by Sherri L. Smith
Putnam Juvenile, March 7 2013
young adult post-apocalyptic
Fen de la Guerre knows how savage Orleans can be. Any place would be, after being ravaged by four hurricanes in ten years and then having a blood virus run amok. So when her tribe is ambushed, her tribe leader is killed and she’s left with her leader’s newborn baby, Fen is determined to get the baby to a better life—and that means getting over the Wall.The cover:
Daniel’s an outsider making his way in to Orleans. He’s convinced he’s got at least part of the key to the blood fever that keeps Orleans’ habitants segregated from the rest of the country. They band together for survival, but in the heart of a stricken landscape, attaining either of their goals seems more and more impossible.
I love the illustration and the way it unfolds, offering a road for the girl and for the reader. (It reminds me of The Drowned Cities’s cover, which is a good thing.) However, the title font treatment is unfortunate; the bevel only serves to accentuate the slimness of the letters, making them seem disproportionate. A flat texturizing would lend the font more gravity, as can be seen in the book’s interior design.
Orleans starts off oh-so-auspiciously: we’re introduced to Fen in a moment of dialogue, a conversation with a trader that serves to subtly sink us into the world and also steep us in Fen’s wonderfully distinct voice. The blood tribes and culture of the residents of Orleans are explained efficiently yet comprehensively, and the dog-eat-dog atmosphere of the world created by Smith is practically tangible. In fact, the world-building may be the strongest aspect of the book.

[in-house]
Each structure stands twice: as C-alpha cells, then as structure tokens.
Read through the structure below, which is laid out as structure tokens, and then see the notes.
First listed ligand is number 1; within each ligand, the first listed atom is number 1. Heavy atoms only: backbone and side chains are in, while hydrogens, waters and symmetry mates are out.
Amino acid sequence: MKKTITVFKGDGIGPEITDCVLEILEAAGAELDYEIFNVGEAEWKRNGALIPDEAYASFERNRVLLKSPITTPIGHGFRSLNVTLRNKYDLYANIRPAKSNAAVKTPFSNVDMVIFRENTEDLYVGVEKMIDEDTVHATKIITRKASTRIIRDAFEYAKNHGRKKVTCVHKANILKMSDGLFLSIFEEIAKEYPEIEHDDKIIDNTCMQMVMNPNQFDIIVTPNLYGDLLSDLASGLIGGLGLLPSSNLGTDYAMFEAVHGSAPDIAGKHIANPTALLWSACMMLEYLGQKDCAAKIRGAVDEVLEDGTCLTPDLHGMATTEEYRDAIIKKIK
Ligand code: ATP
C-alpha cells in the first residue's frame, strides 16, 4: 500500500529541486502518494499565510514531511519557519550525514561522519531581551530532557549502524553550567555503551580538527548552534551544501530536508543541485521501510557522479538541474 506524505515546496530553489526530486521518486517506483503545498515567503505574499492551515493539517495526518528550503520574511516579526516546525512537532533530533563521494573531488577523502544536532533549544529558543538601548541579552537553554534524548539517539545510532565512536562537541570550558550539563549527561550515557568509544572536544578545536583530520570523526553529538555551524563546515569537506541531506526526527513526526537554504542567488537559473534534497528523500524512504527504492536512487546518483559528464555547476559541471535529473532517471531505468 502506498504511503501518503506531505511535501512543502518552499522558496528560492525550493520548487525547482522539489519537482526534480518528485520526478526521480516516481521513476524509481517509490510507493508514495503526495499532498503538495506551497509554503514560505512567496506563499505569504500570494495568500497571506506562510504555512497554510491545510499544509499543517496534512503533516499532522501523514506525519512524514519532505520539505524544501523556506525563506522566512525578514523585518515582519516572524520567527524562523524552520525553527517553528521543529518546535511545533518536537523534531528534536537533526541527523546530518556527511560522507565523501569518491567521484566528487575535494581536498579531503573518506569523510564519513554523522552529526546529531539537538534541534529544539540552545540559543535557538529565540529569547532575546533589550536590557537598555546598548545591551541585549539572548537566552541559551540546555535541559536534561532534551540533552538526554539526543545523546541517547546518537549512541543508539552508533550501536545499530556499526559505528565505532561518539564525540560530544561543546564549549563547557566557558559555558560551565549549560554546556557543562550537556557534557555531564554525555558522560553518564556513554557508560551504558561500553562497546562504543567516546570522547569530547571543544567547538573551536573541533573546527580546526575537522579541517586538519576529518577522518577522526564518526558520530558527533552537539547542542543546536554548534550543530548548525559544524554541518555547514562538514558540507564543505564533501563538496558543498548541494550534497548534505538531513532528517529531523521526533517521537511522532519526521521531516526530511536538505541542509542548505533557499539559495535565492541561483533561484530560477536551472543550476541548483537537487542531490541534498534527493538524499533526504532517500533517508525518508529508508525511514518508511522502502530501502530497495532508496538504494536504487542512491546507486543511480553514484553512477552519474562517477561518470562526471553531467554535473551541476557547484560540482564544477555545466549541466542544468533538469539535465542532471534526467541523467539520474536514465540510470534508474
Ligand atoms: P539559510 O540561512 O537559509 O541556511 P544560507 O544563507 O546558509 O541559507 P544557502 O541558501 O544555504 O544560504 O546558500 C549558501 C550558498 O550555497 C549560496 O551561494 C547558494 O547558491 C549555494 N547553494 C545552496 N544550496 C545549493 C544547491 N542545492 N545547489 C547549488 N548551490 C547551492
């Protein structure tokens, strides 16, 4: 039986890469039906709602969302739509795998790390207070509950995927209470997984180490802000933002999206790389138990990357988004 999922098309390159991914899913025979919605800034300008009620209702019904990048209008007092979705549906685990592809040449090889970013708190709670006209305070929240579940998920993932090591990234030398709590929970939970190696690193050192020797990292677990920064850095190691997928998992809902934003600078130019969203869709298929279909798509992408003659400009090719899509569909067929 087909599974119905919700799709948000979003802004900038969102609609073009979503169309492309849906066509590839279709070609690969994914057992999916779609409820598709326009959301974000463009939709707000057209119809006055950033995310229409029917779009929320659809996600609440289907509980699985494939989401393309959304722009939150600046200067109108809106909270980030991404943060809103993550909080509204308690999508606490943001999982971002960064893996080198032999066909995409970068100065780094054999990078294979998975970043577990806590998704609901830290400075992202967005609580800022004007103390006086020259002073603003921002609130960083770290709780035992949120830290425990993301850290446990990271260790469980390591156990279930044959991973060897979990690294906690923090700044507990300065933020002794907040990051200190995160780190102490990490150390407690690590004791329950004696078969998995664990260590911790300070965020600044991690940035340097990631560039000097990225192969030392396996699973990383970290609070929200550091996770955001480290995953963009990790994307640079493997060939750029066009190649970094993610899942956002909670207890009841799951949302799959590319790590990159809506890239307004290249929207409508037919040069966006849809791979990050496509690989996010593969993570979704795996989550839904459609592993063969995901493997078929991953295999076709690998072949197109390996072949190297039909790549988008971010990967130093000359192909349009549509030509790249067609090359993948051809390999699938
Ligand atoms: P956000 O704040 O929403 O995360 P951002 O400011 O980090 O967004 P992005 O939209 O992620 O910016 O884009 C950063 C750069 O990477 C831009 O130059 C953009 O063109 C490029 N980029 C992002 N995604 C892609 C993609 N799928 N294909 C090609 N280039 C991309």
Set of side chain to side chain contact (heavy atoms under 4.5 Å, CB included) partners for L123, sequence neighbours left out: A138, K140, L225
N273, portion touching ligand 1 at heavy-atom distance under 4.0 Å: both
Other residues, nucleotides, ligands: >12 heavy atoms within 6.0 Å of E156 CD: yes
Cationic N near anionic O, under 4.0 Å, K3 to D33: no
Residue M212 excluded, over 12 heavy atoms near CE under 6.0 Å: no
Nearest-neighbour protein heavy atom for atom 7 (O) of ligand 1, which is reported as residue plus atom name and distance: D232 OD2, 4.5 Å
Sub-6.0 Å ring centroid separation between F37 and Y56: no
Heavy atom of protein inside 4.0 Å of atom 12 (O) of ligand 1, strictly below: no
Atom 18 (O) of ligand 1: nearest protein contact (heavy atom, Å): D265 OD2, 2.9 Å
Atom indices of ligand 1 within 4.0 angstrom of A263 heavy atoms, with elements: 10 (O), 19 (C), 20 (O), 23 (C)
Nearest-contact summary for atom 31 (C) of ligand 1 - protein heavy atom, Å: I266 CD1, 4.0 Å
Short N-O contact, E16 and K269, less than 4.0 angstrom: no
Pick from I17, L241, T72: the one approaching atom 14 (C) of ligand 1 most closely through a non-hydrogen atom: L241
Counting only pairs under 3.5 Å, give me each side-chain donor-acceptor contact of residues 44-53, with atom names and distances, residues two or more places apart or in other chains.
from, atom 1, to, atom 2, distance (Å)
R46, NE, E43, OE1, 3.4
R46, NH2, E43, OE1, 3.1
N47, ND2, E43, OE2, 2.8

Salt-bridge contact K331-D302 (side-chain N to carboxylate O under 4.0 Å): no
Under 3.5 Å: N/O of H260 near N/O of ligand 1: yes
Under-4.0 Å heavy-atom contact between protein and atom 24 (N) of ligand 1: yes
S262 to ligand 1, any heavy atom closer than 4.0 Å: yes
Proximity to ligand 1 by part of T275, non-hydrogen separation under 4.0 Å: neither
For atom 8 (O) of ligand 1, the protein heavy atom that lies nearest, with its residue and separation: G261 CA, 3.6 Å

With her distinct voice and savvy know-how, it’s hard not to root for Fen. However, her character arc felt incomplete through to the book’s end. Flashbacks set up her past adequately, but it never feels as though her past affects her future or her decisions or goals. This maybe be in part Smith’s preparation for the ending twist, but it left an unfinished dissatisfaction in me. Daniel’s character is similar—his ties to the past don’t seem to have much effect on his present actions—but because he is less relatable (his chapters are written in third-person), I was satisfied with him.
This unresolved feeling extends to the plot as well, to a certain extent. Fen’s and Daniel’s route is circuitous, which is acceptable since it develops both their relationship and the world, but when they do reach the end, it feels as though all that travelling and doubling back were for naught. Don’t get me wrong: Orleans is a very gripping read. It’s hard to put the book down. However, the ending renders the experience unsatisfying. I would happily pick up a sequel, though. Just saying.
Ethnic rating: 3.5 out of 5. Though no skin colour or ethnicities are specifically noted, it's easy to infer from the speaking styles and habits of key characters.
Rating: 2.8 out of 5